Keywords: Macroprudential policy, Minsky, Reserve Requirement
    JEL: E58 E60 G01
    Date: 2013
  28. By: Yoshino, Naoyuki (Asian Development Bank Institute); Taghizadeh-Hesary, Farhad (Asian Development Bank Institute)
    Abstract: “Abenomics” refers to the economic policies advocated by Prime Minister Shinzo Abe who became prime minister of Japan for a second time when his party, the Liberal Democratic Party, won an overwhelming majority at the general election in December 2012. Abenomics has “three arrows”: (i) aggressive monetary policy, (ii) fiscal consolidation, and (iii) growth strategy. The Japanese economy faces an aging population and expanding social welfare expenses. No other country has experienced Japan’s rapid growth of retired people. In this paper we will explain these three aspects of Abenomics and the current state of the Japanese economy, and examine what further remedies may be required if Japan is to recover from its long-term deflation. We look at such proposals as hometown investment trust funds and postponing of the retirement age through the introduction of a flexible wage rate system.
    Keywords: Abenomics; structural reform; hometown investment funds; monetary policy; fiscal consolidation; growth strategy
    JEL: E52 E62 G21
    Date: 2014–08–03
  29. By: James Bernstein, Leroi Raputsoane and Eric Schaling
    Abstract: This study assesses the behaviour of credit extension over the economic cycle to determine its usefulness as a reference guide for implementing the countercyclical capital buffers for financial institutions in South Africa. The study finds that the common reference guide for implementing the countercyclical capital buffers, which is based on the gap between the ratio of aggregate private sector credit to gross domestic product and its long term trend, increases during the economic cycle busts, while such a relationship is broken during the economic cycle booms. The study also finds that this common reference guide decreases during the upturns in the economic cycle, while it increases during the periods of downturns in the economic cycle. Thus credit extension should be used with caution as a common reference guide to determine the level of the countercyclical capital buffers for financial institutions in South Africa.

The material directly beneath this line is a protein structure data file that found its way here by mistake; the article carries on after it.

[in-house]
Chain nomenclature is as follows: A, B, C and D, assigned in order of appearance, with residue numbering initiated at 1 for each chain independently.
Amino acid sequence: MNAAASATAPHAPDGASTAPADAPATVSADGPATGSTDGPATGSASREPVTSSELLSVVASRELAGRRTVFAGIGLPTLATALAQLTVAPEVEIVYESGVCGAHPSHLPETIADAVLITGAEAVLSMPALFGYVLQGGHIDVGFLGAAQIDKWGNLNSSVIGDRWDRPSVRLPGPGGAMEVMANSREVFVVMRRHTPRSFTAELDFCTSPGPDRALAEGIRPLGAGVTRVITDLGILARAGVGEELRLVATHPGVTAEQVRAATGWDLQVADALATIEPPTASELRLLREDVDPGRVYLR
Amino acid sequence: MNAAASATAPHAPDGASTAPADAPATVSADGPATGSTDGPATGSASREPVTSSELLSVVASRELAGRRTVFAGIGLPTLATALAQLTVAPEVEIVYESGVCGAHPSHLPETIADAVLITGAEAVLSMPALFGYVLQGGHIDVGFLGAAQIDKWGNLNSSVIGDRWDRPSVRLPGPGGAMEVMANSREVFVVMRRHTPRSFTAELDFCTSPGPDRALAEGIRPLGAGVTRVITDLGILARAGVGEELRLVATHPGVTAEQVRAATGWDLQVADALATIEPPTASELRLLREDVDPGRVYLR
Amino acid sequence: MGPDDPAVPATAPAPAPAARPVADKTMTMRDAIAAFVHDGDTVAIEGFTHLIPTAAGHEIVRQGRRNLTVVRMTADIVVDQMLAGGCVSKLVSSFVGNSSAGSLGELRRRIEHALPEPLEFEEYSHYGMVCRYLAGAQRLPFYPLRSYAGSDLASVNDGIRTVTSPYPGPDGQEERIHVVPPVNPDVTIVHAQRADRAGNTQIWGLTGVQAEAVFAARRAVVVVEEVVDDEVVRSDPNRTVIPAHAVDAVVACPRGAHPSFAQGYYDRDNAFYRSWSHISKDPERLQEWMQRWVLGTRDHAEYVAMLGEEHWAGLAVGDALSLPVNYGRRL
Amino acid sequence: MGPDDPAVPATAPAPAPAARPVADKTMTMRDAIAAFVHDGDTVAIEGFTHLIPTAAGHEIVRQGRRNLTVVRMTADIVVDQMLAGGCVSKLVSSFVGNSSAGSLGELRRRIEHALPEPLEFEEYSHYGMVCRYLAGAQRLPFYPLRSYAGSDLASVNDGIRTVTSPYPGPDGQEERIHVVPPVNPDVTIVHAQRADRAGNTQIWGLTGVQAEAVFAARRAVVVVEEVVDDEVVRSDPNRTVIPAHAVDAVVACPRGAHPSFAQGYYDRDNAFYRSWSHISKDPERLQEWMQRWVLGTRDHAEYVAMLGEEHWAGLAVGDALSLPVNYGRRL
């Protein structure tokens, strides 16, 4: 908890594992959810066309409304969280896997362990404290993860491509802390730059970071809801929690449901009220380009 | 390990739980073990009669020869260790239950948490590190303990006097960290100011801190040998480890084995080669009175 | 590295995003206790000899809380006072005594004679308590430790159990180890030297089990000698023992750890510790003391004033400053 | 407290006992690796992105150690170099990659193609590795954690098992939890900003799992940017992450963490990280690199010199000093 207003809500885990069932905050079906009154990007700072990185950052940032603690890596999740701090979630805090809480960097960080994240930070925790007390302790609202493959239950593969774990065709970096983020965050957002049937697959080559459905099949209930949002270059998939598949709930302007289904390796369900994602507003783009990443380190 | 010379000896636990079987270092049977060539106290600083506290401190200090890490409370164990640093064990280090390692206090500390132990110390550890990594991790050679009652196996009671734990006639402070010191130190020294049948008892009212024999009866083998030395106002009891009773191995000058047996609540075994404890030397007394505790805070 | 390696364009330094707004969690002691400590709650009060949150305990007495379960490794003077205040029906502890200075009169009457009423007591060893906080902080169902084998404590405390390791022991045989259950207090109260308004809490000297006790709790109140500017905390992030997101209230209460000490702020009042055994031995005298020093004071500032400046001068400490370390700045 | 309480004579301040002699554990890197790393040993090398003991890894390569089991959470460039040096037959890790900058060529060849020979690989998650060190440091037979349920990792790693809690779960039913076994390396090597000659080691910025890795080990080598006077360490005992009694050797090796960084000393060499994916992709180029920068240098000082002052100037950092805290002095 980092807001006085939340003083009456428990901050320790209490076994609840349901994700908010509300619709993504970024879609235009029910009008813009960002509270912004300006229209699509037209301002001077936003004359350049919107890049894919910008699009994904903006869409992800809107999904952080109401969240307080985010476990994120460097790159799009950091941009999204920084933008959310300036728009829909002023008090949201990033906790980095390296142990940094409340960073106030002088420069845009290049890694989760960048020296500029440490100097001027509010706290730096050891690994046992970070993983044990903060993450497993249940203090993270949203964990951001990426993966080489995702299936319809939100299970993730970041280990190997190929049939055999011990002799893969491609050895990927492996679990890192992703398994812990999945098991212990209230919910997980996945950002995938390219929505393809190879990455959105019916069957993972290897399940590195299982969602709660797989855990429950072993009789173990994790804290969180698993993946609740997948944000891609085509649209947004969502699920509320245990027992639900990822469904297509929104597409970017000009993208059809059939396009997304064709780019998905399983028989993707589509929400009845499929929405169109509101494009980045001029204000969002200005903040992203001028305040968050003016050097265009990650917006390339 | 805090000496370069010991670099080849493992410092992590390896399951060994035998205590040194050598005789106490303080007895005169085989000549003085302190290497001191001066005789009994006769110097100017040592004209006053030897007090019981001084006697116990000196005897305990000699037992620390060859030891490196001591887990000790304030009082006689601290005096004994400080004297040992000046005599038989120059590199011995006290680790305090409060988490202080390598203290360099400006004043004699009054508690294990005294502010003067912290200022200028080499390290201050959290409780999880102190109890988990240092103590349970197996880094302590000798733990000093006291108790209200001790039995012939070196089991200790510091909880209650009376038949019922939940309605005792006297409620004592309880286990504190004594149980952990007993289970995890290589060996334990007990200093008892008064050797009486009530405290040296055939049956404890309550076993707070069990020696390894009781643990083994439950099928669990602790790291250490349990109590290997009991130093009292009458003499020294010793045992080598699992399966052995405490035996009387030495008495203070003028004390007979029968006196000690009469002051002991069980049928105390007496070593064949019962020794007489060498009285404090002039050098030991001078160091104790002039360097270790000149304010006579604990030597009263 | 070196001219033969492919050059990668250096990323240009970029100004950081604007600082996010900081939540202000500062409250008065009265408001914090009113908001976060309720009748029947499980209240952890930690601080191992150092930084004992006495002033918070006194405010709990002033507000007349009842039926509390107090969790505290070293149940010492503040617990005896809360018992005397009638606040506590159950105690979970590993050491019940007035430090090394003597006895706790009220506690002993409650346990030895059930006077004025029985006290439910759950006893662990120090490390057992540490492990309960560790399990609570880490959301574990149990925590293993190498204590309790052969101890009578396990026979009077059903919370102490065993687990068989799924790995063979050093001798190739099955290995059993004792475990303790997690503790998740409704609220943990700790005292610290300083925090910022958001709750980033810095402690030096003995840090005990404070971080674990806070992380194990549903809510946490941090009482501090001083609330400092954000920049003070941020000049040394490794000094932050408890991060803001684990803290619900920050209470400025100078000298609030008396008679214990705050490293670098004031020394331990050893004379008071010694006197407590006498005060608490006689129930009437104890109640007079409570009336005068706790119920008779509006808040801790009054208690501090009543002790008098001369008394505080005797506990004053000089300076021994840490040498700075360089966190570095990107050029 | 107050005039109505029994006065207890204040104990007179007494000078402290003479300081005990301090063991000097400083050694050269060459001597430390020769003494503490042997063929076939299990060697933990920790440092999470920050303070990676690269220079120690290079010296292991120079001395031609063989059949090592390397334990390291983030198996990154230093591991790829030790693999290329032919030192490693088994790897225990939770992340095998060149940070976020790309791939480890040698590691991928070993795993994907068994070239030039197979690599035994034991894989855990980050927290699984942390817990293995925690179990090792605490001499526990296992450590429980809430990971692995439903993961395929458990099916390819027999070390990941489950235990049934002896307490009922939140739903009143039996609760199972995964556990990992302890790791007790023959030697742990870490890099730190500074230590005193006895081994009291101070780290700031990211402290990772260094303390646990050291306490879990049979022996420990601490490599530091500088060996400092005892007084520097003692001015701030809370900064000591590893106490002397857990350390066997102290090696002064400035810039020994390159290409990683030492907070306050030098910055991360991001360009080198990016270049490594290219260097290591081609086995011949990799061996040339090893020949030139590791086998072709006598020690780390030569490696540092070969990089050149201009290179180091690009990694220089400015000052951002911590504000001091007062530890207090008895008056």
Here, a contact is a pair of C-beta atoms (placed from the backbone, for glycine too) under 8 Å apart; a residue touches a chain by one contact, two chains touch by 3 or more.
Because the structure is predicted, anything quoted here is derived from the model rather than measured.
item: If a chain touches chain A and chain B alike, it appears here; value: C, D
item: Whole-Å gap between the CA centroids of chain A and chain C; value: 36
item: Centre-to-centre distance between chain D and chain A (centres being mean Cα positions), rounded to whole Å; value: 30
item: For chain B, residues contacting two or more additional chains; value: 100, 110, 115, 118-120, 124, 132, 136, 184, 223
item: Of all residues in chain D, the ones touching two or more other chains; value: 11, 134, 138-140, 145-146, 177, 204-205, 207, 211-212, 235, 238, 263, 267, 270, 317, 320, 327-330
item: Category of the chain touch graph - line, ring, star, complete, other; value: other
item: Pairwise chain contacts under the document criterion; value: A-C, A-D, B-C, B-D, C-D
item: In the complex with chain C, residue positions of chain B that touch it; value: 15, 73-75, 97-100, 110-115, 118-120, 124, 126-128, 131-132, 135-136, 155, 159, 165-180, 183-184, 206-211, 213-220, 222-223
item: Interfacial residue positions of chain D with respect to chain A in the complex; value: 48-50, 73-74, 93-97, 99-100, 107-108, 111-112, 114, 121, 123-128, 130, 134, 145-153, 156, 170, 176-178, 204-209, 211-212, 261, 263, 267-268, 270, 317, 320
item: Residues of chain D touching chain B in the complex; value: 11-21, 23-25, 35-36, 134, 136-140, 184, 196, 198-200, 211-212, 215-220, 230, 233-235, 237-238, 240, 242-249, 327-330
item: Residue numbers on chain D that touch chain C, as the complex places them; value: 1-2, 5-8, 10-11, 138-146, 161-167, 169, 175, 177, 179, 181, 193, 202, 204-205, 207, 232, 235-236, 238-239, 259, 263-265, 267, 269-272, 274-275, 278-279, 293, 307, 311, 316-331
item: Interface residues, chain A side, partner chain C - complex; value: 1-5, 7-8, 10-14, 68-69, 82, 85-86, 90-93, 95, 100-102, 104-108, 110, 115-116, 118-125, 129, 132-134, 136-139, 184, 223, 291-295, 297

Keywords: Credit Procyclicality, Financial Regulation
    JEL: C32 E32 E61 G21
    Date: 2014
  30. By: International Monetary Fund; World Bank